Accumulate energy in iron dust, is it possible?
(Sustainabilityenvironment.com) – The ecological transition needs safe, stable and high-density energy storage technologies. “Small” but efficient solutions, able to easily store and transport the excess electricity produced by renewable plants. For scientists Max-Planck-Institut für Eisenforschung and the Eindhoven University of Technology, iron dust may be the answer. Inspired directly by the aerospace world, the group studied the processes behind the combustion of iron and their use in devices to accumulate energy. The ultimate objective is to assess how efficient, sustainable and circular this approach can be.
“Storing energy in metals and burning them to release it when necessary, is a method already applied in aerospace technology”, explains Dr Laurine Choisez, first author of the publication that appeared in Acta Materialia. “Our goal was to understand what exactly happens in the micro and nanoscale during the reduction and combustion of iron. And how the evolution of the microstructure affects the efficiency of the process. Also, we wanted to find a way to make this process circulate without any loss of energy or material”.
An eye to the microstructure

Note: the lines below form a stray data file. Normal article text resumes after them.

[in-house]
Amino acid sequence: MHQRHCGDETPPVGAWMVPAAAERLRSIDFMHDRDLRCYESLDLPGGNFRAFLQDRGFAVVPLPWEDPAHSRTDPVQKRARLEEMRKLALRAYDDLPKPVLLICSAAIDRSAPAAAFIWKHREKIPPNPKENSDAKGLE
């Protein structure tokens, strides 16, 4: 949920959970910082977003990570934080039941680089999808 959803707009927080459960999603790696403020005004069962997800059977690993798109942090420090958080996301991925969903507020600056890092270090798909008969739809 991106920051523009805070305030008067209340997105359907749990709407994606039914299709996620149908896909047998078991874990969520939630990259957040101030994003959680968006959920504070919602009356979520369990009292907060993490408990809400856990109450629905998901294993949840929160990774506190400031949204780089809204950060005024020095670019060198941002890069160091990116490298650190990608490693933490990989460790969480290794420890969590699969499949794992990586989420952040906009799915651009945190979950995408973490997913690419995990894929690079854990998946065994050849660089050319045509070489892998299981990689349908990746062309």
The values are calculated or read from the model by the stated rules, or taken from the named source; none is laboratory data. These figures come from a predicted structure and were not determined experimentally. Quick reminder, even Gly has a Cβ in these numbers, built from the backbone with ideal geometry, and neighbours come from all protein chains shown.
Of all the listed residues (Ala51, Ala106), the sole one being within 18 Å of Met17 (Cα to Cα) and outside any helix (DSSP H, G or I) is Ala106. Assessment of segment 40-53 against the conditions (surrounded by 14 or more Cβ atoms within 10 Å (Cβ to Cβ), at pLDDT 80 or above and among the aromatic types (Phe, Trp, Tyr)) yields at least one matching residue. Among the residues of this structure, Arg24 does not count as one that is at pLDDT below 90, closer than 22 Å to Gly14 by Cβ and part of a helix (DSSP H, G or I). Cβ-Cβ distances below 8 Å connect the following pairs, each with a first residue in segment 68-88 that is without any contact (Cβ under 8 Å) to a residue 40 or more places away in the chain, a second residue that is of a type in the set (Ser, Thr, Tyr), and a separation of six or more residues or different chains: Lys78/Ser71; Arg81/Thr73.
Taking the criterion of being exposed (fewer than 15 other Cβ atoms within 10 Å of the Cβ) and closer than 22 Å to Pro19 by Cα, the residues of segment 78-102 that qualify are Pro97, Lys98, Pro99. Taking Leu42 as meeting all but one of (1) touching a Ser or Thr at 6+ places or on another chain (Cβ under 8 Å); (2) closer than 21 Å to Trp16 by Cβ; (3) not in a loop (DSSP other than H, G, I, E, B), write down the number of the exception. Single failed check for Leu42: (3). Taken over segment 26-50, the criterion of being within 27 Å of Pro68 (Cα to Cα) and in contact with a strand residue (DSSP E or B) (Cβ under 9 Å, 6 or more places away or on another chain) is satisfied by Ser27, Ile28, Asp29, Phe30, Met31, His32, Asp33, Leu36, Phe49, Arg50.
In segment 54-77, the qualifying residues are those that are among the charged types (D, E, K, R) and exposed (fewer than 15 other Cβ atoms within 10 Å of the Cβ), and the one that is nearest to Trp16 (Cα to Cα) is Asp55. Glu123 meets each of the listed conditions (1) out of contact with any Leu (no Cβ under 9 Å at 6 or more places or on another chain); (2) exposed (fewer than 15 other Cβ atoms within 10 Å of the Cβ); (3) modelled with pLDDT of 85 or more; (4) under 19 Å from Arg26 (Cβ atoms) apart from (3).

The process itself is quite simple: accumulating energy in iron powder requires the reduction of iron oxide to iron. Energy is released by the reverse process, which is the oxidation of iron to iron oxide.
In their work, Choisez and his colleagues focused on the characterization of powders after reduction and oxidation to evaluate their purity, porosity and morphology. The microstructure of these particles is, in fact, a determining factor for the overall efficiency. They also studied the thermodynamics of the process to see if a completely circular system could be obtained, without having to add new materials or energy to each new cycle.
“We studied two paths of combustion of iron powder – write scientists in the publication – one in the air and one with the assistance of a pilot flame of propane. Both processes produced spherical hollow particles composed of a complex microstructure of wüstite, magnetite and/or hematite”.
The result? It is possible to accumulate energy in iron dust but new studies will have to be done to improve the overall circularity, since the size of some combusted particles is reduced compared to their original size.